I’ll be covering my next day trip to Houtong Cat Village in my next article.  Thank you for reading as always!

Standing at the Edge of the World: Laomei Reef & The Alpaca Cafe

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GoProing in the Reef: Laomei Beach still looks as awe-inspiring as ever in the winter.

Situated at the northern tip of Taiwan, Laomei Reef is a well sought-after location for photographers and beach goers alike with its stunning green scenery and relaxing atmosphere.  Though Taiwan isn’t particularly known for its beaches, I still wanted to experience at least one even though I came here during the dead of winter.  Hoping to capture the best lighting with GoPro, I arrived around sunset by taking the train to Tamsui Station from Taipei and then using a local bus (this took around 2.5 hours but was a nice day trip).  Even though it was the first week of January, all I needed to wear was a light jacket because the weather was sunny and mild.  During the summer months, I’ve heard that this beach transforms into quite the lively place.  I’d really like to come back and experience this in the future because beaches are my favorite places in the world.

Because there weren’t that many people around this time of year, I managed to capture some really great photos of the reef:

I love how the shallow water reflected the image of the sky above almost like a mirror.  You can actually get very close to the reef by standing on the trench by the shore.  According to John Ellis (a local photographer who I have been following), the reef was originally formed by a volcanic eruption that occurred over two hundred thousand years ago.  Summer is the best time to see the reef because that is when the most algae grows, but the beautiful shade of green is fortunately see-able in all seasons.  Though it was too cold to go swimming, I enjoyed watching the waves wash over the reef and felt at ease while I was here:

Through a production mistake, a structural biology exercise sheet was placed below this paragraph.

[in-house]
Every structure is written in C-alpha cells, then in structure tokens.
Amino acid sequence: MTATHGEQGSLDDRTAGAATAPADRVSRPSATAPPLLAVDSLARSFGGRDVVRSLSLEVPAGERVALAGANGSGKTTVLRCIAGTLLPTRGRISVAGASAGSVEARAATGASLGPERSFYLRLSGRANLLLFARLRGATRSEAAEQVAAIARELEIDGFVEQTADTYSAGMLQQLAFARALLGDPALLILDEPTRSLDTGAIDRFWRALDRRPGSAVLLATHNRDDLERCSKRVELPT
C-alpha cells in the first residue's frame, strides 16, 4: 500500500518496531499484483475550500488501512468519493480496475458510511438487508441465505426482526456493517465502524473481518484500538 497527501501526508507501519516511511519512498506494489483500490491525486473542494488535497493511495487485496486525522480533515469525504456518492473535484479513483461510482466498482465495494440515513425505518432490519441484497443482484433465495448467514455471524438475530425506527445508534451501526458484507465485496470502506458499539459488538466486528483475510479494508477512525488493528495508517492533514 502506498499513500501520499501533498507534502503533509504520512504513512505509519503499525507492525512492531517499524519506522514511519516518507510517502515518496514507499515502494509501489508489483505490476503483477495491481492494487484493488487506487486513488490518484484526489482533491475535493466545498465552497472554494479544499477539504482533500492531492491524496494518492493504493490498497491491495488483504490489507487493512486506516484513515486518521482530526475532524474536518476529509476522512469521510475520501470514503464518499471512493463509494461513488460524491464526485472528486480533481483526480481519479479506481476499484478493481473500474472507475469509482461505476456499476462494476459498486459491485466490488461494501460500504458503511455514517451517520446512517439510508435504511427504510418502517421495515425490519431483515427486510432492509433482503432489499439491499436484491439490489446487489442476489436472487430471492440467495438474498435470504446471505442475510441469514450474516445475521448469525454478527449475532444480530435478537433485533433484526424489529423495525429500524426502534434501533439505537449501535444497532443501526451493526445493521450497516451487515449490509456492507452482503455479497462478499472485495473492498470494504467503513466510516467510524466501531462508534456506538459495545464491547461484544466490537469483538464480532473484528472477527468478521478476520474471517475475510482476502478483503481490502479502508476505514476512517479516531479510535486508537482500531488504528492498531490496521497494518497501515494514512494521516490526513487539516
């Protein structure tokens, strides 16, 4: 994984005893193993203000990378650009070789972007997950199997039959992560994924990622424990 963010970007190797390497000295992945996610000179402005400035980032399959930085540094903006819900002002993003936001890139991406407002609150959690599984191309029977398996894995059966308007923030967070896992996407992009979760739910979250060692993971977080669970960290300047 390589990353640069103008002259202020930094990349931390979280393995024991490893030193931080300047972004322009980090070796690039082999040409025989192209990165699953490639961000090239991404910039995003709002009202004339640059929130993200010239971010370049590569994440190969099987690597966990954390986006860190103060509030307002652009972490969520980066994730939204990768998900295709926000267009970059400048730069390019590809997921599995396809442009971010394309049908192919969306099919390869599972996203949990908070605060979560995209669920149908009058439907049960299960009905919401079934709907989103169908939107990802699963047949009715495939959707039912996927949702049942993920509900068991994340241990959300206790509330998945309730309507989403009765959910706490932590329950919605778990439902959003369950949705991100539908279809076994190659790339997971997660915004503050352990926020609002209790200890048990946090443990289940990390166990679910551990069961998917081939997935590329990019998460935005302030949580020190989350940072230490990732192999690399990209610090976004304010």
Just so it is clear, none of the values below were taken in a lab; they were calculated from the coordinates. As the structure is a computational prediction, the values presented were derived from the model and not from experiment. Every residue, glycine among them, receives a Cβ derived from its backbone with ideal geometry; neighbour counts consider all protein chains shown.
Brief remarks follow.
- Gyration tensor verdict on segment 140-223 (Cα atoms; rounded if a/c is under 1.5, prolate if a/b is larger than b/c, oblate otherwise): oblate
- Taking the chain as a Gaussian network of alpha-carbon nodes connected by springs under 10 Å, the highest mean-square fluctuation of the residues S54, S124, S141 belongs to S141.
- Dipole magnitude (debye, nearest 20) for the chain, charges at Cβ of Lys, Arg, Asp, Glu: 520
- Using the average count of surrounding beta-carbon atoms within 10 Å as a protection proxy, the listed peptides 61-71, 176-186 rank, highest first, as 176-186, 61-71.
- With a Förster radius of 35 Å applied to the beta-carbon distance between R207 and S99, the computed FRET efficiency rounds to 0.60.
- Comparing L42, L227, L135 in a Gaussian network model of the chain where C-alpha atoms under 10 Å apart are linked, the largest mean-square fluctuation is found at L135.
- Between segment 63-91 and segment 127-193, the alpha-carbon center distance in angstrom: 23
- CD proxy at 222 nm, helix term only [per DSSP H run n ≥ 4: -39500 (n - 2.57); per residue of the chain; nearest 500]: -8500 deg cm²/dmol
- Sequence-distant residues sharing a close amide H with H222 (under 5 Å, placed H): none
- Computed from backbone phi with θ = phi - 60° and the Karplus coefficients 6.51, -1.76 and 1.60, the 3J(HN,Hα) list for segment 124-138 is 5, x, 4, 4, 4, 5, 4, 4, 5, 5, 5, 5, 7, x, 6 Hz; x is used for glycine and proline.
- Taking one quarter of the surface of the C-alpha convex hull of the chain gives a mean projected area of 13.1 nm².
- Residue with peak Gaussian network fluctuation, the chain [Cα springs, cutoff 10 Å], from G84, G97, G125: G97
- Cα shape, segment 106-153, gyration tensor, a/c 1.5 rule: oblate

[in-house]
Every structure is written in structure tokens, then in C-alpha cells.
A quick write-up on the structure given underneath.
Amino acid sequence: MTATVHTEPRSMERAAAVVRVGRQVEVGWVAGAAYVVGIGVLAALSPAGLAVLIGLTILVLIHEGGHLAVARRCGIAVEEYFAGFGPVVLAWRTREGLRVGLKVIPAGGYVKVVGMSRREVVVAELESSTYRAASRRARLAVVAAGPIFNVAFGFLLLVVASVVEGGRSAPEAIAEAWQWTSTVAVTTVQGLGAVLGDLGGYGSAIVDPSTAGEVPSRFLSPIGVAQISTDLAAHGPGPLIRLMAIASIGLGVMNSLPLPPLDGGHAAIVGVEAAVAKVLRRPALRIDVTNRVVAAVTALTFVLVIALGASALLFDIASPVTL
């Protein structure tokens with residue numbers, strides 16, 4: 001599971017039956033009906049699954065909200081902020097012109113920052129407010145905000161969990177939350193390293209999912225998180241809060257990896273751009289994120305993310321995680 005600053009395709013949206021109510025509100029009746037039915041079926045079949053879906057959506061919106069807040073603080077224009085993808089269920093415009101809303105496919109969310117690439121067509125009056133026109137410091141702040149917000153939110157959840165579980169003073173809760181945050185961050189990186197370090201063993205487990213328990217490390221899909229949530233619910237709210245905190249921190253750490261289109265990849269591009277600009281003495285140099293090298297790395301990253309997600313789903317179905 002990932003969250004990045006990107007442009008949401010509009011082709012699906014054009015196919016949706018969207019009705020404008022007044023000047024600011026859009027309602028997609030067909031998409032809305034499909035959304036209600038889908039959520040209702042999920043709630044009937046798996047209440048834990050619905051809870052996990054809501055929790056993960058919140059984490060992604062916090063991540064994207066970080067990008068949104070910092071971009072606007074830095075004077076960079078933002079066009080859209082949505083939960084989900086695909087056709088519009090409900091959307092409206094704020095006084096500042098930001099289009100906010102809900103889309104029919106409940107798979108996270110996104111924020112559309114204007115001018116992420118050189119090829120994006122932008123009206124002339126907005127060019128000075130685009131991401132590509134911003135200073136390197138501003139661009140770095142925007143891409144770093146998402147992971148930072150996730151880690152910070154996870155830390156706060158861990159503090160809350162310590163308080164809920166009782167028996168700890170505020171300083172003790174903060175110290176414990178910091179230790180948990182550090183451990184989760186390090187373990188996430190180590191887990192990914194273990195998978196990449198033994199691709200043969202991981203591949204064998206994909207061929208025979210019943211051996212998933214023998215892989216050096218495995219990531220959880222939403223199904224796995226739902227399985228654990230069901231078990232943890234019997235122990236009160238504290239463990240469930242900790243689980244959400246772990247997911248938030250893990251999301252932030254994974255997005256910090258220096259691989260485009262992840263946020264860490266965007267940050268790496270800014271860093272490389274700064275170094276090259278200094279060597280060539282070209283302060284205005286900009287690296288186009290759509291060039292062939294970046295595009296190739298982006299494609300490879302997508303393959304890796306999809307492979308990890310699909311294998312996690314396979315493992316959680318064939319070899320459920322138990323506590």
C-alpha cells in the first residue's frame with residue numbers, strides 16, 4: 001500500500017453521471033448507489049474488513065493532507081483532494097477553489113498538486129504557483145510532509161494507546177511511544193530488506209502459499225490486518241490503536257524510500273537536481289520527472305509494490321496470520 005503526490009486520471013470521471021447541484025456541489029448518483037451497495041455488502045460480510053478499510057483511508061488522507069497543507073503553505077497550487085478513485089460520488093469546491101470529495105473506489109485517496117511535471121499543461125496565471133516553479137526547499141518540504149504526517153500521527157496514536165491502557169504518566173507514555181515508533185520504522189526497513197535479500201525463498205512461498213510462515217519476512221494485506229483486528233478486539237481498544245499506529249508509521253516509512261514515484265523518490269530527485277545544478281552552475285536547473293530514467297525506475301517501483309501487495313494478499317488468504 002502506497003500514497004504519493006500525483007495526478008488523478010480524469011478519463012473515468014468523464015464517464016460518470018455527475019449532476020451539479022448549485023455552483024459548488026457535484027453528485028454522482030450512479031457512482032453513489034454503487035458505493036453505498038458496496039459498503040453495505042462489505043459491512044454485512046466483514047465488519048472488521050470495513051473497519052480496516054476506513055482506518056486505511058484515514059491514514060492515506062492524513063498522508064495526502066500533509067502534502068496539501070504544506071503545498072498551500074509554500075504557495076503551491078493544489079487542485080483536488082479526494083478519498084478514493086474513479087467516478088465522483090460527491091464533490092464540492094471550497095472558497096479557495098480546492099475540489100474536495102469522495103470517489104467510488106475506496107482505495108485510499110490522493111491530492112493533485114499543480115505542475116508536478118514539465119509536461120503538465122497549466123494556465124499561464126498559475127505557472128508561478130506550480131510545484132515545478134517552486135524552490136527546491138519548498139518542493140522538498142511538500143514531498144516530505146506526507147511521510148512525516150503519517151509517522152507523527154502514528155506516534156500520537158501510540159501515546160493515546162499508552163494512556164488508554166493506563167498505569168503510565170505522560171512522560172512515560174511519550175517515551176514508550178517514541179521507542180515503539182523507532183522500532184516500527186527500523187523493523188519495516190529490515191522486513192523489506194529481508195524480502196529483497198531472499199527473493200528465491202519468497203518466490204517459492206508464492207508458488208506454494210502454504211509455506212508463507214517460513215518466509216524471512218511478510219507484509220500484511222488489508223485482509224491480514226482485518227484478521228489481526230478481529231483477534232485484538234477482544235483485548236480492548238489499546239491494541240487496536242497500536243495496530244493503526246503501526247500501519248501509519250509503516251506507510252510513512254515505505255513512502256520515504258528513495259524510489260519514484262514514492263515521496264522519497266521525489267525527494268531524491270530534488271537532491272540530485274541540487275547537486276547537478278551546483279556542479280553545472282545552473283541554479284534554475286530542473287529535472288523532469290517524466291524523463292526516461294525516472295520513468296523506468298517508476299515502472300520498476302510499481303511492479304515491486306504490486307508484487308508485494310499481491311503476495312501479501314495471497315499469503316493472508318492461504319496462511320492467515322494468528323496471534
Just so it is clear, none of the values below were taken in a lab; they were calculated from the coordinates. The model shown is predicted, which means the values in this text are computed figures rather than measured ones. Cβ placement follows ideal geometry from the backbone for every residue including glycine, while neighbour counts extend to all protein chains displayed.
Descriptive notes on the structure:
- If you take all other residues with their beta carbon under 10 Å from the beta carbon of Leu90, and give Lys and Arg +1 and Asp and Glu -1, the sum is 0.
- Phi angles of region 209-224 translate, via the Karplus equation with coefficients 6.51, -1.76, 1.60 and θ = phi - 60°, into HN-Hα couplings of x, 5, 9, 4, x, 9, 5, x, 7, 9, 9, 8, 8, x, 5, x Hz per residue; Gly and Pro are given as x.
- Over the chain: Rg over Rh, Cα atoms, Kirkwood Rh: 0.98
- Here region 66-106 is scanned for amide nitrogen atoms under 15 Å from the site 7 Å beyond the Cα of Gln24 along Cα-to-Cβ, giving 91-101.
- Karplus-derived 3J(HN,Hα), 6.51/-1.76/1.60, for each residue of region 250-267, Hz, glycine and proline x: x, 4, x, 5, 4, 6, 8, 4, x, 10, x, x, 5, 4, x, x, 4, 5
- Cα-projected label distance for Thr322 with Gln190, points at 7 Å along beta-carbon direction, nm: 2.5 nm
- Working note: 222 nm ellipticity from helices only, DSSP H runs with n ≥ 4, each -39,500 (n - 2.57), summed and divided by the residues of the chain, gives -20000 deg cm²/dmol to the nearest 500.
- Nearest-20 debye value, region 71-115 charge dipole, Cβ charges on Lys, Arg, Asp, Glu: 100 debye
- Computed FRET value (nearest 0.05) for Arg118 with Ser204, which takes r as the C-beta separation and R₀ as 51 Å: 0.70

From this video it looks like I’m standing at the edge of the world!  Not wanting the adventure to end here, I decided to take a bus from here to the famous alpaca cafe called OIA Oia Art Cafe.  If you venture all the way out the the reef, you might as well take the time to pet the two lovely alpacas that live here because this cafe is very close:

I ordered a sweet beer and reminisced on all of my crazy encounters with animals while I was here.  Last year I went to the bunny island and miniature pig cafe in Tokyo, and now here I was in another foreign country drinking with animals (which I often prefer to humans).  Life is truly strange and amazing, and I am doing my best to live every minute to the fullest.

In addition to alpacas, they also have cats here.  I have been to many cat cafes already so I didn’t film them, but they were interesting to watch.  I spent most of my time petting the kind alpaca pictured above.  It looked very tired but fortunately well-fed, just like me.  Maybe we aren’t so different after all.

 

An Epic Journey to Taiwan’s Most Beautiful National Park: Taroko Gorge

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GoProing at the Gorge: Taroko Gorge turns out to not be a tourist trap, but instead an unspoiled private paradise for hikers.

After exploring Yehliu Geopark and Jiufen, I hopped on the last train from Taipei’s Main Station and made my way to Hualien, a beautiful town surrounded by nature and the ocean on the east coast of Taiwan.  My main destination here was Taroko National Park, arguably the most beautiful park in the country with its marble cliffs and gorges.  The gorgeous blue color of the water reminded me a lot of the ocean that surrounds the Phi Phi Islands in Thailand.  Though Taroko Gorge is more of a hiking spot than a place to swim, my tour guide allowed us to go swimming at the base of the Shakadang Trail!  Even in January, the water felt surprisingly warm and refreshing.  This place is truly unlike anywhere else in Taiwan and I definitely recommend people visit.